Clearly, sitting slumped with rounded shoulders, frowning, and moving with all the energy of a sloth and thinking “I am suffering,” “I am so sick,” “I am tired” was not going to help me on any level ever! I searched for other ways to acknowledge how I was feeling without taking it on and disempowering myself through language. “I am tired” became “I am doing tired” which felt like I had a choice, that it was temporary and not who I was, and that I was empowered to change it at any time. It is powerful stuff.

Every single treatment I sought, every single thing I did, brought me closer and closer to being completely healed. I explored meditation, mindfulness, yoga, chiropractic, acupuncture, energy work, a whole-food plant-based diet, nutritional supplements and detox, vibrational therapy, NLP, and more. There was no one magic bullet but a series of things that helped me in that moment, at that time. This is the beauty of CFS—it really brings you fully into the moment. It is a bit of a dance for sure—taking care of and accepting how you are in the now while still holding hope and belief for a better healthy future.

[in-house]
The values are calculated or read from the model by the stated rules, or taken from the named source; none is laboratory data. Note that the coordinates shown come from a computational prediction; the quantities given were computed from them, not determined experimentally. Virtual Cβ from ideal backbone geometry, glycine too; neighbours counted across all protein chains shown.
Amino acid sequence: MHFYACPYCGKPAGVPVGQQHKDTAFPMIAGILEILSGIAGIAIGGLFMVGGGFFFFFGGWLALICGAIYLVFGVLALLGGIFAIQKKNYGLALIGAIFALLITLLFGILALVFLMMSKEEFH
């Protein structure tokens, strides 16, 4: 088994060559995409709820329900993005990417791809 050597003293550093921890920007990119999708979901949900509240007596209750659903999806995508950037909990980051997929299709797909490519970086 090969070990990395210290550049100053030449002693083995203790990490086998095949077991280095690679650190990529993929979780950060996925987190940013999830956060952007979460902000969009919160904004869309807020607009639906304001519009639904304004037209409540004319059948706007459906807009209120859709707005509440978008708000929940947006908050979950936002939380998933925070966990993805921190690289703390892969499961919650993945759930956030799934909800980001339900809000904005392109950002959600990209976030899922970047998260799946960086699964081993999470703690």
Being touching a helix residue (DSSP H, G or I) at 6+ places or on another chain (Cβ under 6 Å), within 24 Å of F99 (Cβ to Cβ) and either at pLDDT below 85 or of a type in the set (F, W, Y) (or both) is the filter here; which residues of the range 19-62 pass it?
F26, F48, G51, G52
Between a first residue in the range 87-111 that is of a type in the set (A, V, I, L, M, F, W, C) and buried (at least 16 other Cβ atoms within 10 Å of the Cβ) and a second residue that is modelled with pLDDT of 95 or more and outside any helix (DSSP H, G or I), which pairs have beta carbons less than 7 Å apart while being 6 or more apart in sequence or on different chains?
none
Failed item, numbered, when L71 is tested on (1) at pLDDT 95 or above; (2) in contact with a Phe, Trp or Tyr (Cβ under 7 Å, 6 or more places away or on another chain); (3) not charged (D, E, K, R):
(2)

The power is in choosing how you respond to the now. I mean, the reality is that nothing else really exists but now. So I had my moments of now—responding gently and lovingly to my needs and listening to my body’s wisdom. And I was busy creating a wonderful future for myself which was reflected in my thoughts, language, posture, and increasingly my beliefs. Eventually they coincided…and here I am literally living my dreams and my creative imaginings. My brain is no longer wired for CFS. I no longer scan, and I no longer have any of the limitations of the condition.